If you’re stuck in a financial rut, fear not: author Melissa Browne is here with some tough but refreshing financial tips to help get you where you want to be.
Bank account a little thin on the ground? You’re not alone – Australians have some of the highest personal debt in the world, behind only Norway, the Netherlands, and Denmark. And many young Australians, in particular, have gradually developed a less-than-healthy relationship with their finances.
Fuelled in part by a culture that rewards instant gratification, in which almost everything you could dream of is available at the touch of a button, young Aussies are having a harder time than previous generations when it comes to staying on top of their coin.
Thankfully, Melissa Browne is here to help. Melissa, a self-proclaimed ‘accidental’ accountant and entrepreneur, is the author and mastermind behind Unf*ck Your Finances, a book that aims to help Gen X and Gen Y-ers take control of their finances.
The book, which came out in January, has gone absolutely bananas. It’s taken Australia by storm, has been published in multiple languages and has catapulted Melissa – who had already written two finance books and has columns in The Age and the Sydney Morning Herald – to financial advisor superstardom.
Naturally, we gave her a call to see if we could get her to spill some of her secrets.
Melissa, what are some of the pitfalls young Australians fall into when it comes to their spending and their finances?
I think the easy accessibility to debt. It's so easy to have a store card, credit cards, Zip Pay, AfterPay, payday loans. It's so easy to get credit, and to get yourself into trouble, if you don’t know what you’re doing. That, combined with this comparison culture fuelled by social media – which makes people feel like they need to keep up – and feeling like they’re never going to be able to buy a house, makes people opt out. It’s a bit of a perfect storm at the moment.
I read somewhere that you don’t think budgets work – can you elaborate on that?
I don't believe budgets work in the same way that I don't believe diets work. If they're rough and really restrictive, they might work for a short period of time, but then you’ll just bust out of them. Instead, to go back to the food analogy, having healthy food practices is important. It’s the same with finances.
My suggestion is to split your money up into various accounts – your bills account, your savings account, your life account, your holiday account. And then you automate or you transfer and then you just live through your everyday account. And when that money runs out, you live like a uni student, and you don't raid the other accounts. It's being mindful about what you're spending. And if you’re excited about the life you’re designing, you shouldn’t mind foregoing the other things.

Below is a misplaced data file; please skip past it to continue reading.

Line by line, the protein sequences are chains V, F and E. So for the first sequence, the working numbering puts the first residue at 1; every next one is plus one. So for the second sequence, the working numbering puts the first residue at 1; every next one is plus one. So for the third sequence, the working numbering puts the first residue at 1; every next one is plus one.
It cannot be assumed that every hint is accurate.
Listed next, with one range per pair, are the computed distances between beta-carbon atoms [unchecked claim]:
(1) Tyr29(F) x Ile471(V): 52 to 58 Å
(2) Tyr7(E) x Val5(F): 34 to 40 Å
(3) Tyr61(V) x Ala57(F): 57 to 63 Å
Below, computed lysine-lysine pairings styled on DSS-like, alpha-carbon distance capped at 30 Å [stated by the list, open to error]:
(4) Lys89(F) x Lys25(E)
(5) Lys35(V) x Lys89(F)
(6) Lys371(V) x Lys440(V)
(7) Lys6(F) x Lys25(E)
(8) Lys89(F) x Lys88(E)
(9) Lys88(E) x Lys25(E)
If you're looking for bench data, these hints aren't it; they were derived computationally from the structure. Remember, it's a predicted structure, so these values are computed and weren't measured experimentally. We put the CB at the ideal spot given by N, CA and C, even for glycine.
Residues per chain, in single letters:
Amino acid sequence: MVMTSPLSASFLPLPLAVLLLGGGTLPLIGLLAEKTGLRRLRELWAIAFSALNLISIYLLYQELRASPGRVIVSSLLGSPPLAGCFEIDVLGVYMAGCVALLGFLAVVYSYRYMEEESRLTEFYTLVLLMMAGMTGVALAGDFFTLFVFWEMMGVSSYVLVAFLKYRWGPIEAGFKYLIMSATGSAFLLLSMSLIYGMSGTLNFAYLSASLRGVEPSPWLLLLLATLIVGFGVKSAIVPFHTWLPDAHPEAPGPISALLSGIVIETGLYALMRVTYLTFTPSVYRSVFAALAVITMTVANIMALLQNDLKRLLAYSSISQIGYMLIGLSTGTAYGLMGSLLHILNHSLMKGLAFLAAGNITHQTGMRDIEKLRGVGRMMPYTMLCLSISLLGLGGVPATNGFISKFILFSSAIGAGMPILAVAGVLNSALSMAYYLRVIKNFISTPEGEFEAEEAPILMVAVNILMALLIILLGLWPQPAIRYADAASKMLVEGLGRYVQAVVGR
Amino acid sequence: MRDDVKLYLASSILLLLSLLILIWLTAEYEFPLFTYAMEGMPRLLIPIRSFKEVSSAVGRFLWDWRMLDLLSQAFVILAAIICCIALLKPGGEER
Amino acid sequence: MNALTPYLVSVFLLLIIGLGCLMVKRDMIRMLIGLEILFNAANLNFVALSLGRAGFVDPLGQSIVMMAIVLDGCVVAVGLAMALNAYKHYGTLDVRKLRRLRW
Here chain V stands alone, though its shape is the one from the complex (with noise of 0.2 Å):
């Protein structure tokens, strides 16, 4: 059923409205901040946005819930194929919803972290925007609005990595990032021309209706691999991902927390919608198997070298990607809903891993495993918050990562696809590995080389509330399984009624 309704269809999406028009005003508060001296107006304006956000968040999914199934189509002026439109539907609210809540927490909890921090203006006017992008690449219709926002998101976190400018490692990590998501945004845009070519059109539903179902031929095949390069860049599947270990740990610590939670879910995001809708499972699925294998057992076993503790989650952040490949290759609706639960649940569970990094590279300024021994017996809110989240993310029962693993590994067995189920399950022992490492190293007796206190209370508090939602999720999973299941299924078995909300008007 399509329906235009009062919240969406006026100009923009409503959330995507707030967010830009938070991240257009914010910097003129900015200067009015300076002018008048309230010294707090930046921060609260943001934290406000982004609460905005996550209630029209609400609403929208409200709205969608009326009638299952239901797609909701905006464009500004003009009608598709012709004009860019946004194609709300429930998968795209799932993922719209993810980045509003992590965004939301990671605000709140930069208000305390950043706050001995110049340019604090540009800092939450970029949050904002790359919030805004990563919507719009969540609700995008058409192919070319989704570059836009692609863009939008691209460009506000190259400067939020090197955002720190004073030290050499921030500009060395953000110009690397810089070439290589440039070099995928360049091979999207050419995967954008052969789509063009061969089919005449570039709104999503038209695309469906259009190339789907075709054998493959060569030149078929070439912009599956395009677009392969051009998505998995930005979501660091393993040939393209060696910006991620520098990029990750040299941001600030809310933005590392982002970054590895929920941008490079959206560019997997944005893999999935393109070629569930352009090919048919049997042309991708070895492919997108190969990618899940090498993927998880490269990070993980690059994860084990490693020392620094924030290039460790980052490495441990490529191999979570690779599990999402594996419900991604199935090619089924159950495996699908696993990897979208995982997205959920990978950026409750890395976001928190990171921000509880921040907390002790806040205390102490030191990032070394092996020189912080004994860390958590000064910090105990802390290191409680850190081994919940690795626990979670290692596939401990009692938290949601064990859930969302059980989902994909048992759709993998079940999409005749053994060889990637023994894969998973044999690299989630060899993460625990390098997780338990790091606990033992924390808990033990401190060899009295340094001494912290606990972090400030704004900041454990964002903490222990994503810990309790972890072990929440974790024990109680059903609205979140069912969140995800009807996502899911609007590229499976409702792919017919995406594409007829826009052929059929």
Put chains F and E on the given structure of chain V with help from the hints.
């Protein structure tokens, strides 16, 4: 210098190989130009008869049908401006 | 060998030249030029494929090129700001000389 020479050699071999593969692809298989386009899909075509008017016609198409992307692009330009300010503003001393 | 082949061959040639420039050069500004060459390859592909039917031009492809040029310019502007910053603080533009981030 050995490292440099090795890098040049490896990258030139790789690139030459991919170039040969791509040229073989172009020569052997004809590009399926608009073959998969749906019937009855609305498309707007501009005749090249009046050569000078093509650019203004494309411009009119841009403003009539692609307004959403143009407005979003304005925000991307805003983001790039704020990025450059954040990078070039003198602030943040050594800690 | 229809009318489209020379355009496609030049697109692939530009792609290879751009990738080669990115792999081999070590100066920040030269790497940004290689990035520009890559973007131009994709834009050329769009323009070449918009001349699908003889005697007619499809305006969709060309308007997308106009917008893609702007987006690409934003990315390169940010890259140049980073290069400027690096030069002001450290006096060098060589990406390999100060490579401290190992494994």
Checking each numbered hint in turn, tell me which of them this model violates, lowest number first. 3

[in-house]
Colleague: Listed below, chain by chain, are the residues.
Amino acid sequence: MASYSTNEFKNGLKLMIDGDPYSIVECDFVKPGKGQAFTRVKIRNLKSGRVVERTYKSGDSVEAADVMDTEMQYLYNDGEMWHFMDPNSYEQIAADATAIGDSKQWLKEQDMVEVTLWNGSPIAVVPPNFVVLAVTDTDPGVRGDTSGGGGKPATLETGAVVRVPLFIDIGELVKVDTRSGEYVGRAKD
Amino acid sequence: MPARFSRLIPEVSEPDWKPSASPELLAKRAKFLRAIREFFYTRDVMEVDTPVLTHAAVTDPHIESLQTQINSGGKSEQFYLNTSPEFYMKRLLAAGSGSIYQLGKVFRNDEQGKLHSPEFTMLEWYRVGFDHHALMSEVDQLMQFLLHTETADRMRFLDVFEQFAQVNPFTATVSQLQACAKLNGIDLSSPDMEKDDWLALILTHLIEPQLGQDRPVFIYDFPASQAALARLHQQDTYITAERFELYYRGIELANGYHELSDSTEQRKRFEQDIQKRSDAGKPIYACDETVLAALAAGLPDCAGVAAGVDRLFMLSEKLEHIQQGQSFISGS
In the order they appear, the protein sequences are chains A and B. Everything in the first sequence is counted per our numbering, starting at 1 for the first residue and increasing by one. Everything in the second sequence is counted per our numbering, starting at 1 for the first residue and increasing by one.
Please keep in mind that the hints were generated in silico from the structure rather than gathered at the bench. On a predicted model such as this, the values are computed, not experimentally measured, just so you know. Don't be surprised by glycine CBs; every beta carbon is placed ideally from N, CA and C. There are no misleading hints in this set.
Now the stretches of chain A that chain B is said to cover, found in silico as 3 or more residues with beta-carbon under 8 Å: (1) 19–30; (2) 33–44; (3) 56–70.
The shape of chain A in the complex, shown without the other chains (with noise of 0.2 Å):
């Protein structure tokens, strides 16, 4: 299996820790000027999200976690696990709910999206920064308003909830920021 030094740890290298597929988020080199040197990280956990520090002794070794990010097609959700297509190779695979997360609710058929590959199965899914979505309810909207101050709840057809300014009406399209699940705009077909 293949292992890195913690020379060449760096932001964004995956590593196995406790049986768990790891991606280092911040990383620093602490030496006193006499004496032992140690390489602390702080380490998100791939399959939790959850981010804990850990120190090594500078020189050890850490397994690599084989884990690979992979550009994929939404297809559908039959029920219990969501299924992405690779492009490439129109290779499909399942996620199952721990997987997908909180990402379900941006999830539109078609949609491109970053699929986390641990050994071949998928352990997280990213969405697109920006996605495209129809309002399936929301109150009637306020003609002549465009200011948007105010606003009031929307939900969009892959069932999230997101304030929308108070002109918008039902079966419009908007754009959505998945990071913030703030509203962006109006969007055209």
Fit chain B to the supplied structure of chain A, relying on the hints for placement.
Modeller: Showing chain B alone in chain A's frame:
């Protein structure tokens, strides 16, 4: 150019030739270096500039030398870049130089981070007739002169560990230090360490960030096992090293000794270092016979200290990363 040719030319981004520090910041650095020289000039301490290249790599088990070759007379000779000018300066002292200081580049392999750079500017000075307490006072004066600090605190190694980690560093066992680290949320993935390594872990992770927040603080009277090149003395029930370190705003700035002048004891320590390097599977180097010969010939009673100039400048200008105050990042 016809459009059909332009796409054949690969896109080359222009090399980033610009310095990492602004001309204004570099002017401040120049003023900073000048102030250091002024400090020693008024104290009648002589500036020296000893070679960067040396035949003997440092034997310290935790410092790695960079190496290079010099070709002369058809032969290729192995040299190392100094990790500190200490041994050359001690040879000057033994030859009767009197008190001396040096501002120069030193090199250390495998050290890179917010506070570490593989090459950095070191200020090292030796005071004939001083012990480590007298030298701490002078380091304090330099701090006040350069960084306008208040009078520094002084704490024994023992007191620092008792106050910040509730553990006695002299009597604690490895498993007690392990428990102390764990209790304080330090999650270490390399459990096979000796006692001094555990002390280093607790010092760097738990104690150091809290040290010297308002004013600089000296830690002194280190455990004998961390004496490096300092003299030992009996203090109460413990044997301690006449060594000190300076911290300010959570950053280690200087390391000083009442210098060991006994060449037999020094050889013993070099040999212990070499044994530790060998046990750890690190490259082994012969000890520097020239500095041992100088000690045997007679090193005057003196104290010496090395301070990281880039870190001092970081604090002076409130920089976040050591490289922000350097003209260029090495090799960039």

A big thing of yours is about normalising the conversation around money and finances – why do we find it so hard to talk about money with friends?
There's still an ‘eek’-factor attached to money where we just feel really uncomfortable. It's almost like it's not polite to talk about it. I can't ask you what you earn, I can't ask you how much your things cost. I talk about this in the book, but there are exercises you can do together as a friendship group, and it can actually start to give you a language around money that you're comfortable with. You can then ask questions curiously, without judgment, because you've given each other permission. I just think we need to get over it! We need to be having better conversations.
A lot of people focus on making more money as an answer to their problems, but if you don’t address the bad habits you have, more money isn’t going to help, is it?
Exactly. All that happens is that with more money, your spending increases. I know people that are on high six-figure salaries that are in an incredibly poor financial position, because they started with terrible financial habits and they just became worse as they earned more. Things can be easier when you’re making more money, sure, but that doesn’t mean life gets better.
How can being in control of our finances contribute to an overall sense of happiness?
When I talk to people, they say freedom and options are two of the things that are really important to them, and that is really about having choice. Having choice is when you're in control. I think we need to break apart the idea of ‘we are what we have’. That means both designing the life you love and want, but answering the questions: who am I? What do I want out of life? What's the reason I'm here?
I write in the book that I know that Tony, my husband, and I could go back to the tiny, two-bedroom house we lived in 11 years ago because we just don't need stuff. It's nice to have and it's really nice to be in that position, but I don't equate who I am with what I have. I think way too many people do. And, I think if you get caught in that cycle as having to live in the right suburb and going to the right school and wearing the right shoes and riding the right bike and doing all of that sort of stuff, that's when you're in that really dangerous spiral; when that stuff becomes a want not a need.
We’re talking about money, but there’s a much bigger picture here, isn’t there?
Absolutely. I believe the psychology of money and the psychology of how we think about our finances is often the root of most of our problems. But it’s not that complicated, we just need to stop being influenced by what we think we should have and what we think we should feel, and start focusing on what we actually want.